That sets up a monster Round of 16 match between Shepherd and Corpuz, who memorably played to 21 holes in the semifinals a year ago. Corpuz prevailed on that day, finishing the championship as the runner-up.
Isabella Fierro, the 2017 Women’s North & South Champion, fell behind Kelly Sim early and could never recover, dropping her match 4&2. Amanda Sambach, seeded 31st and the 2020 Girls’ North & South Junior Champion, dispatched this year’s Junior winner, second-seeded Brooke Rivers, of Canada, 4&3. Ho Yu An, ranked seventh in the world, got past Maddison Hinson-Tolchard, 3&2.
The top seven seeds all lost, leaving No. 8 Ashley Lau as the top-seeded player remaining. On the day, just three of the 16 matches even reached No. 2’s famed 18th hole. Of course, one of them was Kim’s.
Duke star Gina Kim hits her approach shot on the 10th hole of Pinehurst No. 2 during the 119th Women’s North & South Amateur. (Photo by John Patota)
The Duke junior came into the match having earned the 32nd and final seed after emerging from a 10-players-for-eight spots playoff on Wednesday. But Kim is no typical last seed. She’s played in three of the last four U.S. Women’s Opens and was the Open’s low amateur after finishing 12th at the Country Club of Charleston. In 2019, she led Duke to the NCAA Championship.
So, what’s left?
A deep run in Pinehurst sure would be nice. For all of Kim’s triumphs, she’s doesn’t have much for memories in the North & South. She first came to Pinehurst for the U.S. Kids World Golf Championship when she was 11. Ten years later, she’s in her fifth North & South, still seeking something past the Round of 16.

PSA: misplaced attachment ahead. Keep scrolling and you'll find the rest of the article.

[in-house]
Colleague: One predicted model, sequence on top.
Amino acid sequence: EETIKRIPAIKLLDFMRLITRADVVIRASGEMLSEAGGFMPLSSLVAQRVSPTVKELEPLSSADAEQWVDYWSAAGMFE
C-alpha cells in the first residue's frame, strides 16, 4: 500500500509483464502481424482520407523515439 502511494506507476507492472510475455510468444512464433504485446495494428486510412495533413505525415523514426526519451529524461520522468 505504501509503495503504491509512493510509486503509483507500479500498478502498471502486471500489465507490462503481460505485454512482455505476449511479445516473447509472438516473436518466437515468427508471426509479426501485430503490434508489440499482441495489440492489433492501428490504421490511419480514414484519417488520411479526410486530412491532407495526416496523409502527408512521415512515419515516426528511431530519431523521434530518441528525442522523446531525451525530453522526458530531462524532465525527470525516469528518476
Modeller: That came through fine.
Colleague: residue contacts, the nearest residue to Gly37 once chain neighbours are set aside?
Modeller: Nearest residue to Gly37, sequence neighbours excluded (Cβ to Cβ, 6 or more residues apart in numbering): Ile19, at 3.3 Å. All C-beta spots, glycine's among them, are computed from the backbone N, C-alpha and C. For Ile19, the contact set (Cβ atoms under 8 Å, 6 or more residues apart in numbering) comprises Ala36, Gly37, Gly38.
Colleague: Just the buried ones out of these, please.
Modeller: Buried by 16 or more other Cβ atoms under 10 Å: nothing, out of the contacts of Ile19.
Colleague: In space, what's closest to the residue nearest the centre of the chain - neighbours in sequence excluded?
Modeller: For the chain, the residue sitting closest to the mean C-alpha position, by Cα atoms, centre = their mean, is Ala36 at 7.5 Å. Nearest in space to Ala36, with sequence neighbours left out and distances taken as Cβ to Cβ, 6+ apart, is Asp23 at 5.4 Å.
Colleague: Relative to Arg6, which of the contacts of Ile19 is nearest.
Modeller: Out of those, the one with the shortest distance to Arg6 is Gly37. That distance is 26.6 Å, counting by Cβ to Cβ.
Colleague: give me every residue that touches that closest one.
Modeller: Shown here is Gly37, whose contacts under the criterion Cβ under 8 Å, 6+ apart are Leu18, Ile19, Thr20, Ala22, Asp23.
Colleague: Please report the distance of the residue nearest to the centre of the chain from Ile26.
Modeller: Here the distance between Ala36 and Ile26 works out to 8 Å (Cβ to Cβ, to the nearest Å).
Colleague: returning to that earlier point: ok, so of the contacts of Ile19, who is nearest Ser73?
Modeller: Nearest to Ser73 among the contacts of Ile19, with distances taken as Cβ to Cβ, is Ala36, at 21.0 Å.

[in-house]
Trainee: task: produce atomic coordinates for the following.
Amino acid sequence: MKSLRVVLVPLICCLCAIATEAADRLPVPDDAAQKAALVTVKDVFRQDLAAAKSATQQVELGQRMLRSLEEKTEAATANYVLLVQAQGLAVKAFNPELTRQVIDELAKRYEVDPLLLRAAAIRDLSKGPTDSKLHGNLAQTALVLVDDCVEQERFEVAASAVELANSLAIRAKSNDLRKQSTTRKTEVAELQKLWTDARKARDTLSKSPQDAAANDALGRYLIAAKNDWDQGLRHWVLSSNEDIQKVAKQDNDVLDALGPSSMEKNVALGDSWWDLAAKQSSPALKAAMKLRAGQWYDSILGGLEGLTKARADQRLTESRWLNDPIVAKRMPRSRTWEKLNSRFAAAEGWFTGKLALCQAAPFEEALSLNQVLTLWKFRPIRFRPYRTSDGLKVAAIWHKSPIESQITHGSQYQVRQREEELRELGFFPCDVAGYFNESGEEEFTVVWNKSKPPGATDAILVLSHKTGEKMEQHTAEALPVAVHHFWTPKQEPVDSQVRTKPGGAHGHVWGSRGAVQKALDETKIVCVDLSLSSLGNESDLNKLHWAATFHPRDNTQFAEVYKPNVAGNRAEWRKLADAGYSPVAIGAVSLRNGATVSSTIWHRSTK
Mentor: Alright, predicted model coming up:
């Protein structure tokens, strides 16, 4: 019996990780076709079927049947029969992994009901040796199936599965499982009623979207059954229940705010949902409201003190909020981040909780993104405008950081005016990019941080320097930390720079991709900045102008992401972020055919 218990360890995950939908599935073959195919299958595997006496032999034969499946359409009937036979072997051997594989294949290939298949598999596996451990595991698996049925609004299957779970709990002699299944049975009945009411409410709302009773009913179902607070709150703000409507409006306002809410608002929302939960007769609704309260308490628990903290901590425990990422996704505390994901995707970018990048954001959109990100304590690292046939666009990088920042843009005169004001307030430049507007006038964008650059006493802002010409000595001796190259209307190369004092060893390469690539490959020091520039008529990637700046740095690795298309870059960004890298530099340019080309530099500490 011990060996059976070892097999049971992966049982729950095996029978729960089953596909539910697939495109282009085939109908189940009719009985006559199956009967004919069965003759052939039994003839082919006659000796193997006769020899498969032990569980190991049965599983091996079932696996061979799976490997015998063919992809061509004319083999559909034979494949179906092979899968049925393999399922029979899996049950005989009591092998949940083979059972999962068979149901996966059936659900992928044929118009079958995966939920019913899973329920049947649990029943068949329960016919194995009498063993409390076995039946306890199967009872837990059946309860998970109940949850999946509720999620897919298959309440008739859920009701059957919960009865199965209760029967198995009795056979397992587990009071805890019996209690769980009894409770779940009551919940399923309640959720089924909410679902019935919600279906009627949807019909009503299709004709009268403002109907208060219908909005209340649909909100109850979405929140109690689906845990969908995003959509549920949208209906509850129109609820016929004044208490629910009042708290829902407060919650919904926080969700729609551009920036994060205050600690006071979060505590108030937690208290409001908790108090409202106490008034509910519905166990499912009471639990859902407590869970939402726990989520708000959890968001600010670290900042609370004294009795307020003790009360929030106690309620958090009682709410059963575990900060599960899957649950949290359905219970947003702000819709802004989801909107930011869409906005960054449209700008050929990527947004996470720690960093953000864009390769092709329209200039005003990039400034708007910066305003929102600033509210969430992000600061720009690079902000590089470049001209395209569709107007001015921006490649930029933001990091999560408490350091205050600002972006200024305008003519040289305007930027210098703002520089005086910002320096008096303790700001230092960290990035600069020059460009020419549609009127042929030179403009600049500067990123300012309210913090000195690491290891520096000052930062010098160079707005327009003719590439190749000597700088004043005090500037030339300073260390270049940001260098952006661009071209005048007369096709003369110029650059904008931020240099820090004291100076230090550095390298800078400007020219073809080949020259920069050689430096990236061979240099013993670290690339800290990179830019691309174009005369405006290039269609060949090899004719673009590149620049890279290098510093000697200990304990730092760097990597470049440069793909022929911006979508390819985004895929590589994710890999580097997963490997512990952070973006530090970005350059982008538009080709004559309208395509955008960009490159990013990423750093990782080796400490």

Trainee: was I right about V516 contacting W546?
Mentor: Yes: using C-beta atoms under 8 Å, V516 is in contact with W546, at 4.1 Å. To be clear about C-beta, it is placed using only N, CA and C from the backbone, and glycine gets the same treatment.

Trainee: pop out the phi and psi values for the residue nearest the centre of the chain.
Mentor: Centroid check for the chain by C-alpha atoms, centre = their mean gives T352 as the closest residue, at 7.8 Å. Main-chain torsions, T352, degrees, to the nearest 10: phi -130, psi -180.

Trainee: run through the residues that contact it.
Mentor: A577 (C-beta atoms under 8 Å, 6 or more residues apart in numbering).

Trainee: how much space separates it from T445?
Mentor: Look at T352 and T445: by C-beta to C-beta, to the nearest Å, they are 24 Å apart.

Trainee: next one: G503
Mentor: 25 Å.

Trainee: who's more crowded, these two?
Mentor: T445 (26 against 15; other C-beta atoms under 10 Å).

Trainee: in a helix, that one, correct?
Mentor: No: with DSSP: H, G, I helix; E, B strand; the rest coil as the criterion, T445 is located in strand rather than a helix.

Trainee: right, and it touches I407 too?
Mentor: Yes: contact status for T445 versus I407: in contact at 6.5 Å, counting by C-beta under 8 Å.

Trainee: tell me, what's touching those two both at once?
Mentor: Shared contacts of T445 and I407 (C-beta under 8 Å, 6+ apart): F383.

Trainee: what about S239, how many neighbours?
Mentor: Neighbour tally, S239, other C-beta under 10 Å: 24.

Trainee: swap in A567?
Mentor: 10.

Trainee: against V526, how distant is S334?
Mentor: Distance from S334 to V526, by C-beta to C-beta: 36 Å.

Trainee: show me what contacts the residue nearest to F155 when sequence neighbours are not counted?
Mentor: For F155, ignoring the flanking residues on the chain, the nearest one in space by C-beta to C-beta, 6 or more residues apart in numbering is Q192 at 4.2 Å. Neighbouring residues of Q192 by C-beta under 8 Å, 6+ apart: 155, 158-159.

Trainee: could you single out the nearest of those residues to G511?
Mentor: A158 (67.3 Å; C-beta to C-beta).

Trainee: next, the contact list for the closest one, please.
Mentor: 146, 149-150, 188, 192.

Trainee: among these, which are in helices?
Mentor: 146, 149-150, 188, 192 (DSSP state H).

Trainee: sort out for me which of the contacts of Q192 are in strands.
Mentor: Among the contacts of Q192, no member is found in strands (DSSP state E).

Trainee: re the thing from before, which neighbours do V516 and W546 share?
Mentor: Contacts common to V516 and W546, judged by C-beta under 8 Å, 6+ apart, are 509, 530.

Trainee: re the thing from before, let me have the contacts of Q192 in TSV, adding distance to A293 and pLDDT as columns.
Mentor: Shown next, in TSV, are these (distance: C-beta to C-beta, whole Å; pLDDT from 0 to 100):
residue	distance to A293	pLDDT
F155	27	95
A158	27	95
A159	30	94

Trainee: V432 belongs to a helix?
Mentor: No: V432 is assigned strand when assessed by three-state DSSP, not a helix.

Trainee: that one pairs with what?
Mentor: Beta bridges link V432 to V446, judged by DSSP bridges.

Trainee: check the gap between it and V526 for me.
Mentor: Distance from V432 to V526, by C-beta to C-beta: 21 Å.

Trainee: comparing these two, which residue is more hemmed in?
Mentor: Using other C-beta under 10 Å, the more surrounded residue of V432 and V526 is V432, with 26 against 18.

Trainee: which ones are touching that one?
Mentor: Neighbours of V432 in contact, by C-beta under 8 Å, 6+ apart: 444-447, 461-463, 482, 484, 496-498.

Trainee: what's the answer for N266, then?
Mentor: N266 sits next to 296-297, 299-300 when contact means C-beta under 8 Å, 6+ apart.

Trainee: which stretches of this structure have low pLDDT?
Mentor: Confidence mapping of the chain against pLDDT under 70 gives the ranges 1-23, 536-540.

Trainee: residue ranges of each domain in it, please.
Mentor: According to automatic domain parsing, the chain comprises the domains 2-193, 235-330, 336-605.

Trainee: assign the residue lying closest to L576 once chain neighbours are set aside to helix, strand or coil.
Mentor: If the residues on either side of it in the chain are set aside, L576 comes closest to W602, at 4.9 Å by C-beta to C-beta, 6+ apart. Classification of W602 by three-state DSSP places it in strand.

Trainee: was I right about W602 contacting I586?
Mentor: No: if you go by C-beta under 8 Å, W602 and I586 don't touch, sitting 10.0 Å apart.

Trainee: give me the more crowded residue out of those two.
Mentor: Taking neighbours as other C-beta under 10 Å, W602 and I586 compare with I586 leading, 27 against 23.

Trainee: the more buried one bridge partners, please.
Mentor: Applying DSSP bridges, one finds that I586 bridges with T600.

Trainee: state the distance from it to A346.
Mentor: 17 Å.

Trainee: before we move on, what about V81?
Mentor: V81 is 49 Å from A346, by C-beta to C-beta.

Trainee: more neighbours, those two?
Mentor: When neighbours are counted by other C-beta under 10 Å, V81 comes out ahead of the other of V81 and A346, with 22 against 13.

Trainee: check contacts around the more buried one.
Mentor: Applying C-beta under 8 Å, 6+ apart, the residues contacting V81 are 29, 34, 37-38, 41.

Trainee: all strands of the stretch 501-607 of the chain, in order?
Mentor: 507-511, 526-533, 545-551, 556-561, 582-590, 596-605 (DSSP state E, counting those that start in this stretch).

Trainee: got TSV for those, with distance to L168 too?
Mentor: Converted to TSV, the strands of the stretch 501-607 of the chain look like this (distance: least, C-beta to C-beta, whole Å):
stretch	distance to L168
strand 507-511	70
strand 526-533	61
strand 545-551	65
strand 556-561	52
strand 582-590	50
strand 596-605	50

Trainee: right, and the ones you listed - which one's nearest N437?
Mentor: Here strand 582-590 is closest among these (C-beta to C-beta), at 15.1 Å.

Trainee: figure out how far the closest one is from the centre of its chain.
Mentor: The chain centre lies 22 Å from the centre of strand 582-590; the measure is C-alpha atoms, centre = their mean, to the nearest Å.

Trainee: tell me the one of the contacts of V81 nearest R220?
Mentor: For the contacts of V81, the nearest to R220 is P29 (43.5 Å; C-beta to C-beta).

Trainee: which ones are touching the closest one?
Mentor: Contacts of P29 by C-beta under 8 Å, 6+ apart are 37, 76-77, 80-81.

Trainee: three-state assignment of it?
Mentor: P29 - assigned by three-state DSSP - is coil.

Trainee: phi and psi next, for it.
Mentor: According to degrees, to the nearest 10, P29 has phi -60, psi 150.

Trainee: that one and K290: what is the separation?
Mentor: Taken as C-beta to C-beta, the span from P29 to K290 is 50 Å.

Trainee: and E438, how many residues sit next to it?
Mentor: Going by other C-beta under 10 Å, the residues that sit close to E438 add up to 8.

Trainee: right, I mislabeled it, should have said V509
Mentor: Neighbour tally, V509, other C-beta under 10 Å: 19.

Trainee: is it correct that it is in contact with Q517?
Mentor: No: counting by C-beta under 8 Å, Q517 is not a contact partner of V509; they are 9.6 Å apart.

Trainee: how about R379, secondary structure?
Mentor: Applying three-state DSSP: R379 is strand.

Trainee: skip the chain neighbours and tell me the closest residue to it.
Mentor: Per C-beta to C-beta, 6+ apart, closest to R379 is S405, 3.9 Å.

“I didn’t realize that until I was playing a practice round and I was talking to a friend, and I was like ‘Holy cow, I’ve been here, like, five years!’” she said. “But this place is special, and it’s special to play a place like No. 2. And as frustrating as that golf course is, it has that certain charm that just makes you want to come back every year and challenge yourself once again. This is one of the tournaments that I just can’t take out of my schedule. I want to come here every year to have another go at it.”
Which may further explain her decision – and the shot – on 16.
“All gas, no brakes.”
That was said out loud.
119th Women’s North & South Amateur
July 13-17, 2021
Pinehurst No. 2
Round of 32 Match Play
July 15, 2021
No. 32 Gina Kim, 7 d. No. 1 Abbey Daniel, 2&1
No. 17 Addison Baggarly d. No. 16 Grace Curran, 4&3
No. 8 Ashley Lau d. No. 25 Gurleen Kaur, 4&3
No. 9 Jessica Spicer d. No. 24 Teresa Toscano Borrero, 4&3
No. 29 Blair Stockett d. No. 4 Hsin-Yu Lu, 4&3
No. 20 Mychael O’Berry d. No. 13 Savannah Grewal, 3&2
No. 28 Ivy Shepherd d. No. 5 Aneka Seumanutafa, 7&6
No. 21 Allisen Corpuz d. No. 12 Ashley Gilliam, 5&4
No. 31 Amanda Sambach d. No. 2 Brooke Rivers, 4&3
No. 15 Anna Morgan d. No. 18 Maria Bohorquez, 4&2
No. 26 Rina Tatematsu d. No. 7 Catherine Park, 1up
No. 10 Ho Yu An d. No. 23 Maddison Hinson-Tolchard, 3&2
No. 30 Megan Schofill d. No. 3 Sophie Zhang-Murphy, 19 Holes
No. 19 Casey Weidenfield d. No. 14 Jenny Bae, 2&1
No. 27 Kelly Sim d. No. 6 Isabella Fierro, 4&2
No. 22 Brigitte Thibault d. No. 11 Katherine Muzi, 2&1
Round of 16
July 16, 2021
No. 32 Gina Kim vs. No. 17 Addison Baggarly, 7 a.m.
No. 8 Ashley Lau vs. No. 9 Jessica Spicer, 7:08 a.m.
No. 29 Blair Stockett vs. No. 20 Mychael O’Berry, 3&2, 7:16 a.m.
No. 28 Ivy Shepherd vs. No. 21 Allisen Corpuz, 7:24 a.m.
No. 31 Amanda Sambach vs. No. 15 Anna Morgan, 7:32 a.m.
No. 26 Rina Tatematsu vs. No. 10 Ho Yu An, 7:40 a.m.
No. 30 Megan Schofill vs. No. 19 Casey Weidenfield, 7:48 a.m.
No. 27 Kelly Sim vs. No. 22 Brigitte Thibault, 7:56 a.m.
July 16, 2021
July 17, 2021
July 17, 2021